The process is simple. It is unlikely that attorneys intend to fail to provide service. It is more likely that days are busy and that there is a complacency that comes from familiarity. The e-JCC system provides the opportunity for prompted and automated service for the filings that are made every day. Attorneys likely become used to that service in existing cases and therefore tend to take it for granted. But, attorneys need to remember that when a case is new, that is when a new PFB or RACN is filed, the information is not yet on hand for e-JCC to perform the service. Remember, that with a new PFB or RACN, that service will not be automated, and the attorney or party filing needs to remember that all important, ethical, legal, requirement of making service.
And, even if they do make every effort and serve by email either through e-JCC or independently? There is always the chance that service will nonetheless be missed. Email software has been designed to identify messages it thinks you may not want. There are filters for spam and solicitation and cyber-threats. What if a message does not reach the inbox to be read? The answer is not so different from the Dark Ages before email. Back in the U.S. Mail days, sending a document was service. That remained true whether the Post Office lost, mis-delivered, or actually delivered the envelope. In other words, receipt was not the key, sending was.
That remains true today. Counsel would be well advised to review the decision of the First District Court in Emerald Coast v. Bear Marcus Point, 227 So.3d 752 (Fla 1st DCA 2017)(October 26, 2017). The court there might have concluded its analysis on the grounds that notice was sent. A fair amount of legal precedent would support such an analysis. But instead, the court engaged in a lengthy analysis of whether an email was received, and why such email was perhaps not read. In the end, the court concluded that any lack of notice was not attributable to the sending party, and the fact the receiving party did not actually read the notice was not critical. Every lawyer should read Emerald Coast.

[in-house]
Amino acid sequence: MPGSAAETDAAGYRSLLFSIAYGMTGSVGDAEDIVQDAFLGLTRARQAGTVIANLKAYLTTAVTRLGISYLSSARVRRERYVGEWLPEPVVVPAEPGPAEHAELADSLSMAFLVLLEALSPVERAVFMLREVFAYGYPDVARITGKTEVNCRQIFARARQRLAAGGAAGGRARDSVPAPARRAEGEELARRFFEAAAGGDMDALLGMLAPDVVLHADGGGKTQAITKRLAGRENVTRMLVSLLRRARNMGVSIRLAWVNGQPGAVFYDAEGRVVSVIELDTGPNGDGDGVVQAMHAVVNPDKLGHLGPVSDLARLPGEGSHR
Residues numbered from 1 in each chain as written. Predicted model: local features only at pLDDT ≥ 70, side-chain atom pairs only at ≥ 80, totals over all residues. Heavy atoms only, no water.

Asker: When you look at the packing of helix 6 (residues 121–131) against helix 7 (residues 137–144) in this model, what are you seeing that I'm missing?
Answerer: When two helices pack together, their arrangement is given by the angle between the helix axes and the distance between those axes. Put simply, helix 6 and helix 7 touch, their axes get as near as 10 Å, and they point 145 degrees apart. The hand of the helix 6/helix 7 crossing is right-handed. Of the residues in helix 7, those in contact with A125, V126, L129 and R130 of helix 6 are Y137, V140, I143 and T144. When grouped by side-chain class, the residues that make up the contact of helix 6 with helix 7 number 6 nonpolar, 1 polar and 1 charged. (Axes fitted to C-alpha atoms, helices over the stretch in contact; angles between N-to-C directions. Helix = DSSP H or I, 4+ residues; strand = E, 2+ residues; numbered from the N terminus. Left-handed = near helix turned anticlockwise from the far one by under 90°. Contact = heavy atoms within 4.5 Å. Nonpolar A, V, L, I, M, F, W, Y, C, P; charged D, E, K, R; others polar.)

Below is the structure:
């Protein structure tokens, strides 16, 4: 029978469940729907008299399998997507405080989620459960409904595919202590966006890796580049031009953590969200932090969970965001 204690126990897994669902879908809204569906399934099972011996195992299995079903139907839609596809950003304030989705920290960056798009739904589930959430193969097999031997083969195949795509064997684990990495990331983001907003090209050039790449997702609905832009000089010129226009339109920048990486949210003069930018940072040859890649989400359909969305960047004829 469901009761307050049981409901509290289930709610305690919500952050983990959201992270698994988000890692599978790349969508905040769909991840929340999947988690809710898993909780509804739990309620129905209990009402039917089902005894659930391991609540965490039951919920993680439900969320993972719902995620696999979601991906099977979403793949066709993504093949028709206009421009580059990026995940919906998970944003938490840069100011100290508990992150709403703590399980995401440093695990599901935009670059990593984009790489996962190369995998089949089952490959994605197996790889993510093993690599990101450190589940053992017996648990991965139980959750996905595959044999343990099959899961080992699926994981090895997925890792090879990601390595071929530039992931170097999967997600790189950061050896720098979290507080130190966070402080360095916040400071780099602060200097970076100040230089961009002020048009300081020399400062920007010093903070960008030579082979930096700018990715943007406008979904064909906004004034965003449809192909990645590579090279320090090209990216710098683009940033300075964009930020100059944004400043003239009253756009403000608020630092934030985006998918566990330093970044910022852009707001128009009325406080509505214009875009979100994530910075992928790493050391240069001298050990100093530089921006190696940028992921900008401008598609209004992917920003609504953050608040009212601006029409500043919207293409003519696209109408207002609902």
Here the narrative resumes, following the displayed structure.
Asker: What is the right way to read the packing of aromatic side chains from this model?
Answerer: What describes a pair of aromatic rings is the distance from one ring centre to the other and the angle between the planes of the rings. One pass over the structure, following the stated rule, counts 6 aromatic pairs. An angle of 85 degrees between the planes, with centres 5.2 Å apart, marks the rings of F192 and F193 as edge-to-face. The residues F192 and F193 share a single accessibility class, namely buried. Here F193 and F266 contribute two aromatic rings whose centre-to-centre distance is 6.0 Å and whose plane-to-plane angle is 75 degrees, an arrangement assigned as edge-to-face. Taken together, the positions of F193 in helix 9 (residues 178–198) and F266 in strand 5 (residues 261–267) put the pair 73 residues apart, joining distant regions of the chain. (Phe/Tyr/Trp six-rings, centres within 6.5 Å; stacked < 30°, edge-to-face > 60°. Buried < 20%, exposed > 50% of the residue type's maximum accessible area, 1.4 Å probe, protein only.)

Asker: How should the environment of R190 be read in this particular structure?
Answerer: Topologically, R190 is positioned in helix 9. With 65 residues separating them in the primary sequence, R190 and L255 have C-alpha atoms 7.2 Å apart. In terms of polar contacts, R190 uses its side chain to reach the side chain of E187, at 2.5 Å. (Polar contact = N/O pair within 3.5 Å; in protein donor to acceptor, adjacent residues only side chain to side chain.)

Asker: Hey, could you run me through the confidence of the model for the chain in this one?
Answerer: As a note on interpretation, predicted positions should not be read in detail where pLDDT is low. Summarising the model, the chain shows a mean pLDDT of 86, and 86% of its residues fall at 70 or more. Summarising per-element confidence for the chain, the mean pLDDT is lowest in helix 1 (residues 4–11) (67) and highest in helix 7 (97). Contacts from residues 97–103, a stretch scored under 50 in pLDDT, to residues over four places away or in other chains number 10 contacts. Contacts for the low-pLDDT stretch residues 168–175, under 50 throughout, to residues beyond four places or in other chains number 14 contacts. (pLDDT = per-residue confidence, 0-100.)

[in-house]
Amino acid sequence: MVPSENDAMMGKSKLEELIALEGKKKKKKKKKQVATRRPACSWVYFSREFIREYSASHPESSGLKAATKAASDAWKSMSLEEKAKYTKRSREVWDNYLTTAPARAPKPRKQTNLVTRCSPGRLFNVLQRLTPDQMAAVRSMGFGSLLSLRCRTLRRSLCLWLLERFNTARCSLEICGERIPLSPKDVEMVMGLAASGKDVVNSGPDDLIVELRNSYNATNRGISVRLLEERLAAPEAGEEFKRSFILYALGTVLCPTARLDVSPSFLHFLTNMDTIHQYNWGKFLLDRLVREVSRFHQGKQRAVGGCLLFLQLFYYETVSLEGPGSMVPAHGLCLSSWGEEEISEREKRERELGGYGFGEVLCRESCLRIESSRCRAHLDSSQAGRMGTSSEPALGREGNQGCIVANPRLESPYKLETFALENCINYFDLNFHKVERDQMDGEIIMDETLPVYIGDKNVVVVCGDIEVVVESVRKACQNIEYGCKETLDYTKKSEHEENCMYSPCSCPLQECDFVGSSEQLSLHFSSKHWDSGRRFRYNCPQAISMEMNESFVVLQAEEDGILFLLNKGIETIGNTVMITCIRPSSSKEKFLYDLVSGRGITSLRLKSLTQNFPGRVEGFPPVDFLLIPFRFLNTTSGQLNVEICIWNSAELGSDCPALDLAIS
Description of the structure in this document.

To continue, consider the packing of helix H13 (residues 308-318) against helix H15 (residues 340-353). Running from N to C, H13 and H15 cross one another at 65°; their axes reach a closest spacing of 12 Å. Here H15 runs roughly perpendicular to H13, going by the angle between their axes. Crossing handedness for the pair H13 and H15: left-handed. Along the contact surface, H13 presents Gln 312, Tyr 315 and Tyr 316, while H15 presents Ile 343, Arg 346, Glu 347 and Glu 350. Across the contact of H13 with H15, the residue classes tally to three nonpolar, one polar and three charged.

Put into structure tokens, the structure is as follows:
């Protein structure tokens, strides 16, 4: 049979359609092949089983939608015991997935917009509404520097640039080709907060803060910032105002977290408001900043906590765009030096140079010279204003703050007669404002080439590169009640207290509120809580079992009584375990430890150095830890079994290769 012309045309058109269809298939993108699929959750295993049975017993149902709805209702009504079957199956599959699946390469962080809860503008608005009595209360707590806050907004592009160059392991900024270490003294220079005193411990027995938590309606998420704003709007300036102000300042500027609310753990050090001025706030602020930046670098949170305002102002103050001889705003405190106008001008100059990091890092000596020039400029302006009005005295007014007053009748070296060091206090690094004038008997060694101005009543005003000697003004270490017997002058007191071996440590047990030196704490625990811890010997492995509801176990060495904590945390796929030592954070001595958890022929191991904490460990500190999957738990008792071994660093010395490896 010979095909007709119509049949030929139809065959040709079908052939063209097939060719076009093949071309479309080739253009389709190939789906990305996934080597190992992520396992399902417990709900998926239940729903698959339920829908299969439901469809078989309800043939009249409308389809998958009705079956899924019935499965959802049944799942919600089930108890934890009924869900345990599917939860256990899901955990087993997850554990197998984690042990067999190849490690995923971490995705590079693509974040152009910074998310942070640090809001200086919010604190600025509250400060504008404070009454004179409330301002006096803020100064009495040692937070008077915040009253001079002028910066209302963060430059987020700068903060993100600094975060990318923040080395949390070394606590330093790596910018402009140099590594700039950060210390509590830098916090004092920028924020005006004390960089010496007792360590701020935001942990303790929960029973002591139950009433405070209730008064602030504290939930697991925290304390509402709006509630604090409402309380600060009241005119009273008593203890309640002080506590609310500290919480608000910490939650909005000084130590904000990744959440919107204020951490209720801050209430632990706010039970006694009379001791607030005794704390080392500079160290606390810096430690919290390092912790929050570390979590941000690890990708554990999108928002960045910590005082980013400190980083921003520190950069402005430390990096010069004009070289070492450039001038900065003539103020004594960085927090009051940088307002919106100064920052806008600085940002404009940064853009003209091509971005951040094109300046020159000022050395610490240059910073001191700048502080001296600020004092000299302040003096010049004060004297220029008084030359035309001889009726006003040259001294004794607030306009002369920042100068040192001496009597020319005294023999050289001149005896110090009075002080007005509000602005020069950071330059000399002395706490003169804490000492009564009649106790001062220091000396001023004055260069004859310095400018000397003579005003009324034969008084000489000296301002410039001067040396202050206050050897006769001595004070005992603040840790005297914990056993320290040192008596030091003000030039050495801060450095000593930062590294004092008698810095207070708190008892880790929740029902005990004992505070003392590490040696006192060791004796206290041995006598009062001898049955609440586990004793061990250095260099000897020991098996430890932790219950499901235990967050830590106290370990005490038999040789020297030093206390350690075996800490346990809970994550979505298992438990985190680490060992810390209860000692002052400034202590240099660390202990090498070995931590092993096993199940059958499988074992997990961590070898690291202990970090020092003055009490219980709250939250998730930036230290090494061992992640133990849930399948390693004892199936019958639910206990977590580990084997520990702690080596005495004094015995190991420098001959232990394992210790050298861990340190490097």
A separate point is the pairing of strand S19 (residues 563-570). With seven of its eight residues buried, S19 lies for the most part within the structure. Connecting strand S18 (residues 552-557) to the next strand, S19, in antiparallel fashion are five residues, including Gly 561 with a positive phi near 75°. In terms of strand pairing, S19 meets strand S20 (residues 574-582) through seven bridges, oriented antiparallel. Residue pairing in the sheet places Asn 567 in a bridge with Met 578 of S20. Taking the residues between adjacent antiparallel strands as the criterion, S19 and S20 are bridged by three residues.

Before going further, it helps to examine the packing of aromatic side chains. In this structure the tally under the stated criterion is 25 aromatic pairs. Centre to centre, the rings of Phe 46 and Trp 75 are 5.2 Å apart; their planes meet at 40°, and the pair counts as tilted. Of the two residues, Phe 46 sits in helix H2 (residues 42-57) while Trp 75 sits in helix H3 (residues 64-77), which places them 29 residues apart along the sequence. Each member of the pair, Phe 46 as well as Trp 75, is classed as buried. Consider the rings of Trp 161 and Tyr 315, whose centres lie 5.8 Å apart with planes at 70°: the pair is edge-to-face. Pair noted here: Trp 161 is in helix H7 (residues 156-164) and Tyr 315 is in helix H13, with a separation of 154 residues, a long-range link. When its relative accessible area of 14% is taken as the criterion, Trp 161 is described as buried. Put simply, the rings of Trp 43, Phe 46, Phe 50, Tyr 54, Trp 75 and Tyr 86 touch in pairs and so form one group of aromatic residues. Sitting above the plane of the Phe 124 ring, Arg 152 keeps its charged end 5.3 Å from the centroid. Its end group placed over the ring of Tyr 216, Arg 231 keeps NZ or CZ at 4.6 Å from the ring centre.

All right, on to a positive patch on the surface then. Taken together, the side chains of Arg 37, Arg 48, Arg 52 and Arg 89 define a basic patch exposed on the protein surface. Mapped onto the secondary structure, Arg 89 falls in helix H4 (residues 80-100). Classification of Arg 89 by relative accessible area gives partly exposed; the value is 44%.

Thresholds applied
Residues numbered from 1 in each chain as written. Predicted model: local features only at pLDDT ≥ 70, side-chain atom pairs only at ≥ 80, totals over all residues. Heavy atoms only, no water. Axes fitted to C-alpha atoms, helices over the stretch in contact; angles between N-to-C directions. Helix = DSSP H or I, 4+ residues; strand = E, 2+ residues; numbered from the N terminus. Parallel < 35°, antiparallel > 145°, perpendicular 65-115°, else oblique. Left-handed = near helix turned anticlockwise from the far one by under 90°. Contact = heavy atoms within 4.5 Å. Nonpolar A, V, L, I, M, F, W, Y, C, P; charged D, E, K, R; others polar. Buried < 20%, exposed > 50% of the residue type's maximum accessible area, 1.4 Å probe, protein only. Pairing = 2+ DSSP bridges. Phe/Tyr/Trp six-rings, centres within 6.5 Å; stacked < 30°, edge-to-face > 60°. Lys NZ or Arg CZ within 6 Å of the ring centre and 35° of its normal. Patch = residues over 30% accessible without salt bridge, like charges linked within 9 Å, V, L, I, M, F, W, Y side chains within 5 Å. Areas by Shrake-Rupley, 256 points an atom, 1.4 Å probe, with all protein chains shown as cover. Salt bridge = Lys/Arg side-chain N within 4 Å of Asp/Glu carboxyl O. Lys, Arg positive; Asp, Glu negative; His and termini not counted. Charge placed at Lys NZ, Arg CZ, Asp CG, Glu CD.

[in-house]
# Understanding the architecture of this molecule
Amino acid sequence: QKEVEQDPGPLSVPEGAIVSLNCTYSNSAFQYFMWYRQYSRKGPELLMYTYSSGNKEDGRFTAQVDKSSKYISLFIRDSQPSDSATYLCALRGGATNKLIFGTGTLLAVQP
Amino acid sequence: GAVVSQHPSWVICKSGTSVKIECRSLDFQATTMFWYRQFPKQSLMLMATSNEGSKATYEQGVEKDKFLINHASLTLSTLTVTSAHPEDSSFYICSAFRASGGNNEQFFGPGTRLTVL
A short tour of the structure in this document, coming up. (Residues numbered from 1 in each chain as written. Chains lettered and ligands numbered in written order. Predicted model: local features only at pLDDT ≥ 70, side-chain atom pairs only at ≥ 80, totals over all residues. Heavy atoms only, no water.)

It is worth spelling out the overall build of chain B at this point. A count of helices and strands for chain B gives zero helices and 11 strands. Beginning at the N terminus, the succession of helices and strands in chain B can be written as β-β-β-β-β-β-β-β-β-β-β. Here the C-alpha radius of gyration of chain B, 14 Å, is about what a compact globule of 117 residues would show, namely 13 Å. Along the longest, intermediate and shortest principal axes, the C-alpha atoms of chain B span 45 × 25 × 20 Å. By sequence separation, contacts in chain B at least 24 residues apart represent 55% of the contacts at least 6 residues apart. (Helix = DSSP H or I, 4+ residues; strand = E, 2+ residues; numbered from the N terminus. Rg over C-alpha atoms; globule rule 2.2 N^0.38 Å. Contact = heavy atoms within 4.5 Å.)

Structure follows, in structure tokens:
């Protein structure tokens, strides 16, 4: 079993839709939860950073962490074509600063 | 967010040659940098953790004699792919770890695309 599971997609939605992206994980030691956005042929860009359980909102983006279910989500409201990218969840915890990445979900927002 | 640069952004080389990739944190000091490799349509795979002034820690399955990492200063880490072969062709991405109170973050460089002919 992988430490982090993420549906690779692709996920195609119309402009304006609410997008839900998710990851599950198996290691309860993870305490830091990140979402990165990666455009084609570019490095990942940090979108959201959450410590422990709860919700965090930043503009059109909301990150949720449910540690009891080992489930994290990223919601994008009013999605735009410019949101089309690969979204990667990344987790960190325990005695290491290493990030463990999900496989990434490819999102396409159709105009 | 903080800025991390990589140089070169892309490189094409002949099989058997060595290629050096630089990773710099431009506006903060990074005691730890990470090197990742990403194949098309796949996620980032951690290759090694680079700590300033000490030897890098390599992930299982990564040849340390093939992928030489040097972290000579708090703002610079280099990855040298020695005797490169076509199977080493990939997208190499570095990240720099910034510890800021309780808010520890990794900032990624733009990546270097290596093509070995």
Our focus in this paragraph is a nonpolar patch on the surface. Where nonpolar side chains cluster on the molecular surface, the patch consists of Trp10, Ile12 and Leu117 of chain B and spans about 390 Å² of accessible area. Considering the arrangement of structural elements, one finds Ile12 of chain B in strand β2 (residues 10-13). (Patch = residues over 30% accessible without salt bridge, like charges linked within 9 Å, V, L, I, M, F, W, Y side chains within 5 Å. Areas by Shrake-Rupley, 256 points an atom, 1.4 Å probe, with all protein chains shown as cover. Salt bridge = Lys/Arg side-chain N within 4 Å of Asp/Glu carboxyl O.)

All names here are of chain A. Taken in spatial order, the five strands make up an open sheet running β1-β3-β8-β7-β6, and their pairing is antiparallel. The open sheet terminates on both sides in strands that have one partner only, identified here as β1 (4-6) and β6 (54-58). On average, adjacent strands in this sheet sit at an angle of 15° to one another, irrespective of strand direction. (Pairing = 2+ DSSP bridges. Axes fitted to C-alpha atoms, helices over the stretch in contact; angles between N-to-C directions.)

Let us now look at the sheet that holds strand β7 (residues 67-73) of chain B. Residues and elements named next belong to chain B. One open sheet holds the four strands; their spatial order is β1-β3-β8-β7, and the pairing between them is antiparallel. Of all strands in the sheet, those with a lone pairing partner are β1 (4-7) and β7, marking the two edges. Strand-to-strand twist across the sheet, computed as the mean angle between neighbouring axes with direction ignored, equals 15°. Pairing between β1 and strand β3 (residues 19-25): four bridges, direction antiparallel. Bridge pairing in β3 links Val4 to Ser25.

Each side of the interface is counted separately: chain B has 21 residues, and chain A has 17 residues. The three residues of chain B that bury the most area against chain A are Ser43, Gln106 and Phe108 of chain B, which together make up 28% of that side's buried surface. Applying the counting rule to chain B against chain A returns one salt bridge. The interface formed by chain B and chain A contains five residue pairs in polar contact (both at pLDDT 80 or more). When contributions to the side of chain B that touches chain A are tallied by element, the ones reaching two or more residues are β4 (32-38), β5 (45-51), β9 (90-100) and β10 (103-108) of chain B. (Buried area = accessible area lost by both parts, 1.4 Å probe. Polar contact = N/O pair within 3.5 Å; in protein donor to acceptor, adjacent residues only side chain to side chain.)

So, how does one protect one's rights or the rights of a client? In the Florida workers' compensation litigation system, the answer is simple and direct. Each registered e-JCC user has a tool called "daily filings." This tool allows the user to review all of the documents filed in cases associated with (in which the lawyer has filed a petition or notice of appearance) that user on any particular date. That means any attorney can view a list of all documents filed on the attorney's cases for any date or date-range. This is a back-up, a "safety net," and regular use of it will prevent failure to receive or note service of any filed document.